By Patrick Donachie
The state budget agreed upon by Gov. Andrew Cuomo and the state Legislature will include a program to make CUNY and SUNY colleges and universities tuition-free for families making up to $125,000 a year, which Cuomo highlighted in last year’s State of the State address. Cuomo was joined by Hillary Clinton to sign the legislation at LaGuardia Community College Wednesday.
“Taking this next step to make college tuition-free for hardworking families is the right thing to do, and the smart thing to do,” the former presidential candidate said about the legislation. “I was proud to put this plan forward during my campaign, and I’m thrilled that it’s become a reality in New York.”
There are criticisms of an aspect of the proposed legislation, however, that mandates students who benefit from the program must stay in New York state, or the scholarships will be transferred into student loans.
“Today, college is what high school was — it should always be an option even if you can’t afford it,” Cuomo said about the legislation, called the Excelsior Scholarship Program. “There is no child who will go to sleep tonight and say, ‘I have great dreams, but I don’t believe I’ll be able to get a college education because parents can’t afford it.’ ”
About 80 percent of families with college-age students would qualify for the program, which would apply to all two and four-year colleges in New York state, according to Cuomo. The governor’s office also said that 84.3 percent of the 461,499 families with college-age students in New York City would qualify.
State Sen. Toby Ann Stavisky (D-Flushing) helped secure the tuition, after years of advocacy to bring the program to fruition, introducing similar legislation in 2014. She said she was pleased by the new legislation, but was still frustrated that the children of undocumented immigrants could not apply.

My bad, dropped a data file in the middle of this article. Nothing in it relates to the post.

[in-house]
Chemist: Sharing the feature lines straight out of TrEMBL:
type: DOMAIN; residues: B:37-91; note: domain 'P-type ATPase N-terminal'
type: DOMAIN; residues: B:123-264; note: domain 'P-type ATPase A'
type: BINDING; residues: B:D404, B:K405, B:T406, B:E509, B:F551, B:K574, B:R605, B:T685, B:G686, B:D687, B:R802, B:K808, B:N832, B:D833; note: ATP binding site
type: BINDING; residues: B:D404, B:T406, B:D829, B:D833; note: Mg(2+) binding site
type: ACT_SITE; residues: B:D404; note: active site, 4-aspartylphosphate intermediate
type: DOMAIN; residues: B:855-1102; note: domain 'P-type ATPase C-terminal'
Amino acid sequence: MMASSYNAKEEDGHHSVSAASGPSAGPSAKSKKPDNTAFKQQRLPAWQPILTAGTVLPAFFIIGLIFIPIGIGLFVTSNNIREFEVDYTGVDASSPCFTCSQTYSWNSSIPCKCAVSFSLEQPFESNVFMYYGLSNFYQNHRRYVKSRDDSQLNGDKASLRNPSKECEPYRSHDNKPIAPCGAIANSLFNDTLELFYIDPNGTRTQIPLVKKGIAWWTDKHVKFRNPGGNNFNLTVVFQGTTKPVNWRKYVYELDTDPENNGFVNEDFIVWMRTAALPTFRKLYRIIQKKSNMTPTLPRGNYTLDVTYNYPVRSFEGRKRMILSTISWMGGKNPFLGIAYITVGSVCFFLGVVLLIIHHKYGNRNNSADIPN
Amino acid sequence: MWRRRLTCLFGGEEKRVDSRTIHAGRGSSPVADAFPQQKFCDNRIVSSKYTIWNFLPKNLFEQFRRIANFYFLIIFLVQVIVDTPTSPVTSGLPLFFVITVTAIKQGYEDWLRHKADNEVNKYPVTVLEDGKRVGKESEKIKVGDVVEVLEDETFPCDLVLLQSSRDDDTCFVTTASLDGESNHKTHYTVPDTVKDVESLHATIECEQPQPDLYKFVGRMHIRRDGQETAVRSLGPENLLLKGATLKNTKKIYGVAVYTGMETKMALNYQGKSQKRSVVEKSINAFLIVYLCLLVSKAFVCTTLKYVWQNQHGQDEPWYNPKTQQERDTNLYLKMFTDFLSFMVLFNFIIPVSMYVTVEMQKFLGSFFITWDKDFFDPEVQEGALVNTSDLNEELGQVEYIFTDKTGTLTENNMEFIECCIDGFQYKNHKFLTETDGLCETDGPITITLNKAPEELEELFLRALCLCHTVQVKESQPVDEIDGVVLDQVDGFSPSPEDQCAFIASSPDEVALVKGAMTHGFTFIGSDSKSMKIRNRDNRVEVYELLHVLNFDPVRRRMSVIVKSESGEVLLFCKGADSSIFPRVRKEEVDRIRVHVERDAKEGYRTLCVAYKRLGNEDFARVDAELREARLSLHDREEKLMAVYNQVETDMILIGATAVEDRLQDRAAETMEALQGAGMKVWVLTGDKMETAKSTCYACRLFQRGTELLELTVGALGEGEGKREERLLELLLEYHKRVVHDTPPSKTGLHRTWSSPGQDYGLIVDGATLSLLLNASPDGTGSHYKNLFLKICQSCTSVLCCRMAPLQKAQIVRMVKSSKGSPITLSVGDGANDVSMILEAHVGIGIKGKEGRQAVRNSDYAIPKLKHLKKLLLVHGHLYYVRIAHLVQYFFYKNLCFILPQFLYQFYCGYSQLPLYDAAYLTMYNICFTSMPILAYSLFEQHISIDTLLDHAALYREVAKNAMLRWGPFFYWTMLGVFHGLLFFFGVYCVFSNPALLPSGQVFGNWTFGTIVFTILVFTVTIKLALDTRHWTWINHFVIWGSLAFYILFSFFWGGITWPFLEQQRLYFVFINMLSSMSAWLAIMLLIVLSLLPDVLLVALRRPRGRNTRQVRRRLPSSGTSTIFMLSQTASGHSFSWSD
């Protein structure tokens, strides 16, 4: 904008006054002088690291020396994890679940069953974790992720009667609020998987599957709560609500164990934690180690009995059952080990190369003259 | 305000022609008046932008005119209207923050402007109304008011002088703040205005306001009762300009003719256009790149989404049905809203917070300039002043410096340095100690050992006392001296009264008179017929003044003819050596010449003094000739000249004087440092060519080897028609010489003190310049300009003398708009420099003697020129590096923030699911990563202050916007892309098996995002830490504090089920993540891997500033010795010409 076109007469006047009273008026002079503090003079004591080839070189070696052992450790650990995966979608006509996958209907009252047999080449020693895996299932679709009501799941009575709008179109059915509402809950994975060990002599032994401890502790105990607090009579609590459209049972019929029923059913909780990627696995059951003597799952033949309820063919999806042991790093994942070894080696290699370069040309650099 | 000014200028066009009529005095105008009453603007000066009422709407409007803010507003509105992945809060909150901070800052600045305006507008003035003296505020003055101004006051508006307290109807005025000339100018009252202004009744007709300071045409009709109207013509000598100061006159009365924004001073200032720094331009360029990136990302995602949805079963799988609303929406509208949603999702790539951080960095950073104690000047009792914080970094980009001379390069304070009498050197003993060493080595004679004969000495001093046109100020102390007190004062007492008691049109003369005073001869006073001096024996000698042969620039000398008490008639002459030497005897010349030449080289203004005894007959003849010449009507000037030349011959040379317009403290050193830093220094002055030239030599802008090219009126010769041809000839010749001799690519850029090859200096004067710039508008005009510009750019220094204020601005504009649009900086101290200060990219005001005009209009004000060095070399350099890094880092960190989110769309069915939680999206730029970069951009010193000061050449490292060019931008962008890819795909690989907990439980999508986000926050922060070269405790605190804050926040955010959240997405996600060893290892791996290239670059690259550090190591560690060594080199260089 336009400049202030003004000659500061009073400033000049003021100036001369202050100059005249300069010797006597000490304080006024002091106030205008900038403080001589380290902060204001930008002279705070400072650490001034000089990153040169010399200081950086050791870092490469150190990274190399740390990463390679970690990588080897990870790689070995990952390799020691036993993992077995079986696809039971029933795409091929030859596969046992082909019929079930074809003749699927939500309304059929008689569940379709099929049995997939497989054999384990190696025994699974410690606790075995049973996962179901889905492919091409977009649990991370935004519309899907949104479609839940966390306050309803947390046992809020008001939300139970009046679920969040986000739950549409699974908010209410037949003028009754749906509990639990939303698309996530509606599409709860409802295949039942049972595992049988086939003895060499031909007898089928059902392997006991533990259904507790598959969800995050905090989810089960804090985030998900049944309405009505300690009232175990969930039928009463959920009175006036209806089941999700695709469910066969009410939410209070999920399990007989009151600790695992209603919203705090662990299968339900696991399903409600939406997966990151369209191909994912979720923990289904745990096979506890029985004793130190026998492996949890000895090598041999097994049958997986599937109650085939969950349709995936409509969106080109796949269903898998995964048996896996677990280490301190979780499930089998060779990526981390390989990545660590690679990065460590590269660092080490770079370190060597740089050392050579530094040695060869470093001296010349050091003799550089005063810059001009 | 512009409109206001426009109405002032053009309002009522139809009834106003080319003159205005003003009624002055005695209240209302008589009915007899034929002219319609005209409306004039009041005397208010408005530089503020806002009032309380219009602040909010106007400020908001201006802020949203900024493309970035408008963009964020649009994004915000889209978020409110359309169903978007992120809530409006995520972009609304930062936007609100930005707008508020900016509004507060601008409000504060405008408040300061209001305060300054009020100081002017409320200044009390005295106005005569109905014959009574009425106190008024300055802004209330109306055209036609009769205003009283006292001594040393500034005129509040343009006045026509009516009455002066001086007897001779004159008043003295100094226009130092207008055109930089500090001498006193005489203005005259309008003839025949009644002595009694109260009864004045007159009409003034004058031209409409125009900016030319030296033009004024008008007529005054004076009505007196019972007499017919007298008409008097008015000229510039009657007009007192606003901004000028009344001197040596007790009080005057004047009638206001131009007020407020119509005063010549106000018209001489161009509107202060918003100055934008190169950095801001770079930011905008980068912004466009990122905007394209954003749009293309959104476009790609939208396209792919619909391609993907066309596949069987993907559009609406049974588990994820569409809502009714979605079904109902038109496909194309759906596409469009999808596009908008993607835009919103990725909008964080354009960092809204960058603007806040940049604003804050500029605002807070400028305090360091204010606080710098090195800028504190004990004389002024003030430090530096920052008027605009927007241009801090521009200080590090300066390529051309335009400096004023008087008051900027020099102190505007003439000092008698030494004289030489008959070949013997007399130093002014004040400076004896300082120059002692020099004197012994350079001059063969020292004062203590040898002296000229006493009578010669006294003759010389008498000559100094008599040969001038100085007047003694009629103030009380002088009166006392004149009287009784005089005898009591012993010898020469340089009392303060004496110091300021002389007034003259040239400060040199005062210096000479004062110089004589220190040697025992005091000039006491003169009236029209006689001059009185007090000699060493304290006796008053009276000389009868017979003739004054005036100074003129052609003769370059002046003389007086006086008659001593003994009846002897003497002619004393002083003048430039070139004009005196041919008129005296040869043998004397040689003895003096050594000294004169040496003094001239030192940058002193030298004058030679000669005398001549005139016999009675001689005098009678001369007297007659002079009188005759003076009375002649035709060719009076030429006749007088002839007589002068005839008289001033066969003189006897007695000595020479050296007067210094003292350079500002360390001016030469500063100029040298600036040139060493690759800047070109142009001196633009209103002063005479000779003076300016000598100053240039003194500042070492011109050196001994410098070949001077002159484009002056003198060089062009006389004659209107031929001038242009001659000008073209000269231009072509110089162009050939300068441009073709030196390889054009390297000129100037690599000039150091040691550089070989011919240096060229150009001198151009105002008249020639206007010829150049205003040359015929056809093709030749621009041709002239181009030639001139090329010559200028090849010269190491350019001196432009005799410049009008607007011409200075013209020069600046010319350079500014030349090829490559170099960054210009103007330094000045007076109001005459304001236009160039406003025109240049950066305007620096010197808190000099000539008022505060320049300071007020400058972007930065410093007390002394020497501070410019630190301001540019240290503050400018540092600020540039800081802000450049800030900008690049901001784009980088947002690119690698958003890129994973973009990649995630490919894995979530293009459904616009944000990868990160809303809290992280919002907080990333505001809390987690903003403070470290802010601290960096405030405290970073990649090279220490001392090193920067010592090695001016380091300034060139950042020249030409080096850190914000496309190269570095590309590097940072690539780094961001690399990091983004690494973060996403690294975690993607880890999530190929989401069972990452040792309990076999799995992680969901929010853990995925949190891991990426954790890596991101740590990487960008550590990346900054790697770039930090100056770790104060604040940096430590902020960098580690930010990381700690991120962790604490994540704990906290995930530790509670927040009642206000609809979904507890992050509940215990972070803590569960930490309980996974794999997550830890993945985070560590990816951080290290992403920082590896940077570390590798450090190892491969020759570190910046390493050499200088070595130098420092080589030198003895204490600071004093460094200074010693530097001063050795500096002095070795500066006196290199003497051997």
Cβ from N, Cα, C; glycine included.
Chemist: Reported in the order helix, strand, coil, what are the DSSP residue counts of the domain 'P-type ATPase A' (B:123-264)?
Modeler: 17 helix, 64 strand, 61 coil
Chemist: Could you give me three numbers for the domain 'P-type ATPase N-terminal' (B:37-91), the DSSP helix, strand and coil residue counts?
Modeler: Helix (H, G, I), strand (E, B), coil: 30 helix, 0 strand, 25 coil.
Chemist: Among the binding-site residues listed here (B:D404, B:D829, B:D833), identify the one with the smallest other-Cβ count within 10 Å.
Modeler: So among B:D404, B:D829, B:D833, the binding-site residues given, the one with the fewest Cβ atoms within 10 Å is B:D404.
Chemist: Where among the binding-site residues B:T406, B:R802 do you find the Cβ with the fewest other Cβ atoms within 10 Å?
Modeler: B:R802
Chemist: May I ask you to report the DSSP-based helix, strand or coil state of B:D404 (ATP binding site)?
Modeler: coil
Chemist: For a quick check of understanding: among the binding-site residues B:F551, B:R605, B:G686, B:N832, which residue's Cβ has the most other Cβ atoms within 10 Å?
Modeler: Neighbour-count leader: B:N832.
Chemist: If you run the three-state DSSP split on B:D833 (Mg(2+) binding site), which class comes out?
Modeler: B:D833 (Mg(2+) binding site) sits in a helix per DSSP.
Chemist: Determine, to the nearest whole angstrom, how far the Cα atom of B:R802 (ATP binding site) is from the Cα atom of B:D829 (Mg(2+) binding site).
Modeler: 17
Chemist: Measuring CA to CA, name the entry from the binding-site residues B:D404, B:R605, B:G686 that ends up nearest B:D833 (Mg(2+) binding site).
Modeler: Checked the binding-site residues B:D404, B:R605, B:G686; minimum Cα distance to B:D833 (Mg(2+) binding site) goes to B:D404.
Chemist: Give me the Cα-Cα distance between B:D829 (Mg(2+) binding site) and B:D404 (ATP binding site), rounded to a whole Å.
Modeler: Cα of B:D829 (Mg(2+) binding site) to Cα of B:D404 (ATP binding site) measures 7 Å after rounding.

“Yet another year goes by without the DREAM Act going from bill to law,” Stavisky said. “I can only hope that the success of the Excelsior Scholarship will ultimately guide my colleagues to passing a fully realized DREAM Act.”
The scholarship program will have a three-year rollout, with New York families making up to $100,000 qualifying in the fall of 2017, families under $110,000 qualifying the year after, and families making under $125,000 qualifying in 2019. Students have to be enrolled full-time, averaging 30 credits per year, but students will be able to pause the program or take more or less credits per semester.
The students will have to keep a certain grade point average and will also be required to live and work in New York state for the same amount of time that they benefit from scholarship grants (if they attend a four-year college, they must work in the state for four years). This last aspect of the program has received some criticism, including from the Center for an Urban Future, which said such a program “could transform a financial blessing into a burden for many students” in an op-ed posted on its site.
“If the student lives or works outside New York at all, the grant is converted into a loan and must be paid back. That changes the meaning of the free college plan dramatically,” the op-ed said. “Forcing college graduates to live and work in New York is wrong. A grant should be a grant, not a loan with an escape clause.”
Reach reporter Patrick Donachie by e-mail at pdona